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Windows 10 hardware requirements take security head on

IT pros should follow Microsoft's guidelines for optimal Windows 10 security, but they should also take a look at what those guidelines signal moving forward.

Microsoft's official guidelines for Windows 10 hardware requirements for optimal security that fully complies with Windows standards might not hold any groundbreaking information, but it does offer some hints about where the OS is going.

The Windows 10 hardware requirements include specifications such as what the minimum processor generation should be and that the hardware should include features such as the Trusted Platform Module and platform boot verification. The list is fairly logical and unsurprising, but it clearly denotes the end of a few old computing standards.

Most notably, these developments show that legacy basic input/output systems are out, as are 32-bit OSes. In different terms, Unified Extensible Firmware Interface is the only viable boot technology going forward, and only 64-bit versions of the OS have a future in the world of Windows.

Another unsurprising development is that Microsoft recommends Windows 10 S on hardware that complies with these security hardware requirements. Windows 10 S is Microsoft's stripped-down, simplified version of Windows 10, and it is also the most secure version.

Anyone can look at Windows 10 hardware requirements for optimal security and see what their systems need. What's really important is understanding what the requirements mean and how they might affect the future of the OS.

What does it all mean?

One clear message Microsoft has sent with its Windows 10 hardware requirements for optimal security is that buyers should only purchase secure, state-of-the-art PC hardware to run Windows 10. Furthermore, they should get that hardware from authorized original equipment manufacturers, such as Dell, HP Inc. and Lenovo.

In addition, buyers should purchase laptops and computers with Windows 10 S preinstalled and use Microsoft Intune and Windows AutoPilot to deploy company software. Instead of Enterprise or Pro volume licenses, all users should move over to Microsoft Office 365 subscriptions.

This forward-looking approach comes with some issues. For one thing, Windows 10 S cannot join an on-premises domain, which suggests that Microsoft wants business users to move from local domains to join Microsoft Azure Active Directory (AD) instead.

A Windows 10 S system tutorial

Using Intune and AutoPilot then becomes a simple procedure; IT orders a new laptop for the end user and sends it directly to where it needs to be. IT does not have to physically access that device. Instead, it can set up a company store and register the device in Intune. Then, the end user takes the machine out of the box, boots it and signs in using her company Azure AD credentials. The user gets a customized Windows desktop experience set up by IT.

She is unable to install or use any legacy Win32 applications; only preapproved Universal Windows Platform (UWP) applications run in this deployment. Because Microsoft Office is now available as a UWP application suite, this plan is sound, as is moving corporate users to secure hardware, Microsoft 365 subscriptions, Azure AD and Windows 10 S.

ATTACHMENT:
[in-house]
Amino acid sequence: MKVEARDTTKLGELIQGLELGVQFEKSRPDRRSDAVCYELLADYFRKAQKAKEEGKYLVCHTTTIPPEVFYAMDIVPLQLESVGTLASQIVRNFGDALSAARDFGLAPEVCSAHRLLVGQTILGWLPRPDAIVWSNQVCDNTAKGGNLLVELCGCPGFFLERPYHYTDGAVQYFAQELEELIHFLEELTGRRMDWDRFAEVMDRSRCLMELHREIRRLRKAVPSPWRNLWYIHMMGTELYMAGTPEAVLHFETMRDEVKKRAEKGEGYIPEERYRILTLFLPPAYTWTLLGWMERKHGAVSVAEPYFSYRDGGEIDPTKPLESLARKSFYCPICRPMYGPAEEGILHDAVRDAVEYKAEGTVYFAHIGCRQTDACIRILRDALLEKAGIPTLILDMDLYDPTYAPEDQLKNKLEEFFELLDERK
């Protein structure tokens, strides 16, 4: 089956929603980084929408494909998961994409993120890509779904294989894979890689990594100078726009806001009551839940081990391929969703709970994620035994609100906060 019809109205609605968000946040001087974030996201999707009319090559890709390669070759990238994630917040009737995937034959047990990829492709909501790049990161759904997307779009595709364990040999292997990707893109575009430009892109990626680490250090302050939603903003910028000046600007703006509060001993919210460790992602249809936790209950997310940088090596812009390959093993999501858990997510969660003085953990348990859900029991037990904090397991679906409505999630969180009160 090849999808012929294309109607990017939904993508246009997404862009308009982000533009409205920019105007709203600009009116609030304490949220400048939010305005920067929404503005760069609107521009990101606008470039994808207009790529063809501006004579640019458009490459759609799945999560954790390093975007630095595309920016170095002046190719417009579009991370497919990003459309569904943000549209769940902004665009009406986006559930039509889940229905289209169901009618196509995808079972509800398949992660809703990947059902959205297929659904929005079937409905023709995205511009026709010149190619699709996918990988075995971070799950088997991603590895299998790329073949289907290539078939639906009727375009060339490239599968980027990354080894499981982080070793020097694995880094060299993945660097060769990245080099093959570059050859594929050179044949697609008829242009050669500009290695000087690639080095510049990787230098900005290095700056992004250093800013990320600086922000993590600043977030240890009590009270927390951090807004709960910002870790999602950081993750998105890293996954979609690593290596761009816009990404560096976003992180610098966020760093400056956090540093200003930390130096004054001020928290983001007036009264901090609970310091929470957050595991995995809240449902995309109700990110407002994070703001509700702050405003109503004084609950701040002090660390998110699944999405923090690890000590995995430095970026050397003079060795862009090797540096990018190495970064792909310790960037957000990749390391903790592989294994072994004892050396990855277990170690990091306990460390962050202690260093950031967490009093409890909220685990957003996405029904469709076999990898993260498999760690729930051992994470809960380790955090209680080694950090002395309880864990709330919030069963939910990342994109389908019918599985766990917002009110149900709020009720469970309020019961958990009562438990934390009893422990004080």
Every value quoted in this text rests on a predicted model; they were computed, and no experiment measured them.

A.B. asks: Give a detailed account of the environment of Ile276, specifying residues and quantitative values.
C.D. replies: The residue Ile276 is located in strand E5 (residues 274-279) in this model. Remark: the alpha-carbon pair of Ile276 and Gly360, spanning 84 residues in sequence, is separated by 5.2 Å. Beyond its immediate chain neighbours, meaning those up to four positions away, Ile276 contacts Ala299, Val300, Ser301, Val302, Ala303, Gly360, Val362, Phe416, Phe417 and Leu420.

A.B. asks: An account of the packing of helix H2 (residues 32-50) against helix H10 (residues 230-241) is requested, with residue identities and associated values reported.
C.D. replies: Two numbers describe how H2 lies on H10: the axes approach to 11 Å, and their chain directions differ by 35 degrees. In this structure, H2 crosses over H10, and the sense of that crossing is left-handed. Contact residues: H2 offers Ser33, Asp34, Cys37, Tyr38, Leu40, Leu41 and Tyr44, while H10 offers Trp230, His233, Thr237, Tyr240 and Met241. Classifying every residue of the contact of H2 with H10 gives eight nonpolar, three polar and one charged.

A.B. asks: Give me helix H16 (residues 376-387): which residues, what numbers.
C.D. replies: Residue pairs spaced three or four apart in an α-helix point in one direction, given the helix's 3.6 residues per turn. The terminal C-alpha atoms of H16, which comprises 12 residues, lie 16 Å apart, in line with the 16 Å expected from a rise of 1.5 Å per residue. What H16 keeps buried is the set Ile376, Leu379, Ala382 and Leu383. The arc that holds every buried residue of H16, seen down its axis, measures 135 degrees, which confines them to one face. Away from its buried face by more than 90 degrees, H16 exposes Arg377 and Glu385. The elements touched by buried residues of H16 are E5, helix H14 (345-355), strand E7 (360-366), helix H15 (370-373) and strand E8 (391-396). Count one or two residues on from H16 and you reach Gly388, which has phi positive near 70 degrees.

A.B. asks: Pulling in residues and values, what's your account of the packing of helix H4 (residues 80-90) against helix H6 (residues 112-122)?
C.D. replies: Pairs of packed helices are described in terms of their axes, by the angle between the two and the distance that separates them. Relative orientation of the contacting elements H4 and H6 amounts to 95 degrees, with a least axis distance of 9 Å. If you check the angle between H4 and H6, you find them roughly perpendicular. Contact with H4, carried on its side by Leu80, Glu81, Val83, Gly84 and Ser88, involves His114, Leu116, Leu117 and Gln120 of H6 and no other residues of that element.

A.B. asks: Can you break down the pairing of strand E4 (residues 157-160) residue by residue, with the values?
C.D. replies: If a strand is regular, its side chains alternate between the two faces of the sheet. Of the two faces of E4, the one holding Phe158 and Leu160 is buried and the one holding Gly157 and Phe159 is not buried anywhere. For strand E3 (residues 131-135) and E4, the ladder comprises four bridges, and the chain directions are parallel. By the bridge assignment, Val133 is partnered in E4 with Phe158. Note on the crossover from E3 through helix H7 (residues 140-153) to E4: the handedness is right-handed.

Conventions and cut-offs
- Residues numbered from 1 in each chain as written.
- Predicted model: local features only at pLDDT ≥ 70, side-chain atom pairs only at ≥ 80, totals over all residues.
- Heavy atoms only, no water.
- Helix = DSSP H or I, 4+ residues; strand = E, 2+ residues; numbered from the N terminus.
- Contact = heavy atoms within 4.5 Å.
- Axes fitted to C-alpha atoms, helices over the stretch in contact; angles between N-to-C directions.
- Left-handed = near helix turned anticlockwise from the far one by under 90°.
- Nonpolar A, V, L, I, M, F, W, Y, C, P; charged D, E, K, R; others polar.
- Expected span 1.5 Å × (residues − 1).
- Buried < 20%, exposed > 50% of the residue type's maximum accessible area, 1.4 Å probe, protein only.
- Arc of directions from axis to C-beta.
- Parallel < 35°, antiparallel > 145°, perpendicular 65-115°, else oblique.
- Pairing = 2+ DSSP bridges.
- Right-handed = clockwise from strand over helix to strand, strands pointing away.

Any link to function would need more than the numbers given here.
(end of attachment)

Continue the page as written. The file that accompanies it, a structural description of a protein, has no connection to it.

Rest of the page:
The bottom line

Microsoft has chosen a reasonable and valid evolution path with its Windows 10 hardware requirements for optimal security. A Windows 10 S deployment through Intune and AutoPilot couldn't be easier for end users. They can simply boot a new PC for the first time, sign in with their Azure AD credentials and they're done. There's none of the hassle involved in joining a domain, and the out-of-the-box experience is fully automated. As a result, the end user winds up with a desktop where everything is set up as if IT configured it.

Business decision-makers should back this plan. They should buy every user and device a Microsoft 365 license, set up a corporate store with preapproved UWP apps, and use Intune and AutoPilot to manage that deployment. With all of this infrastructure in place, IT only needs to give an end user a new laptop and tell them to sign in to Azure AD. Everything else happens on its own like clockwork, and this delivers a predictable and reliable end-user experience.

Microsoft has chosen a reasonable and valid evolution path.

This not only makes it easier for users, but it also makes IT's work much more predictable, simple and easy to control.

In today's threat-filled world, it is nearly impossible to keep all users and devices secure. Still, running Windows 10 S on devices that meet Microsoft's security requirements, joined to an Azure AD domain, is as secure as things get nowadays.

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How do you go about keeping Windows 10 as secure as possible?
Great if your line-of-business apps can be moved to the cloud. Otherwise, a useless strategy except to make more money for Microsoft. Also, will have a bad effect on companies who sell "white boxes" which have high quality components but not the "approved" company logo on the outside. Microsoft doesn't seem to realize the impact eliminating staff has on the entire economy and this strategy will definitely eliminate IT jobs. If 1 million IT workers lose their jobs and they get $100,000 a year in salary and benefits, that is a $100,000,000,000 hit to the economy. Increasing the numbers only makes it worse. Also, what happens when the Internet gets taken down, possibly by a successful terrorist attack? We will be back in the days of the mainframe computer where loss of the system means no work.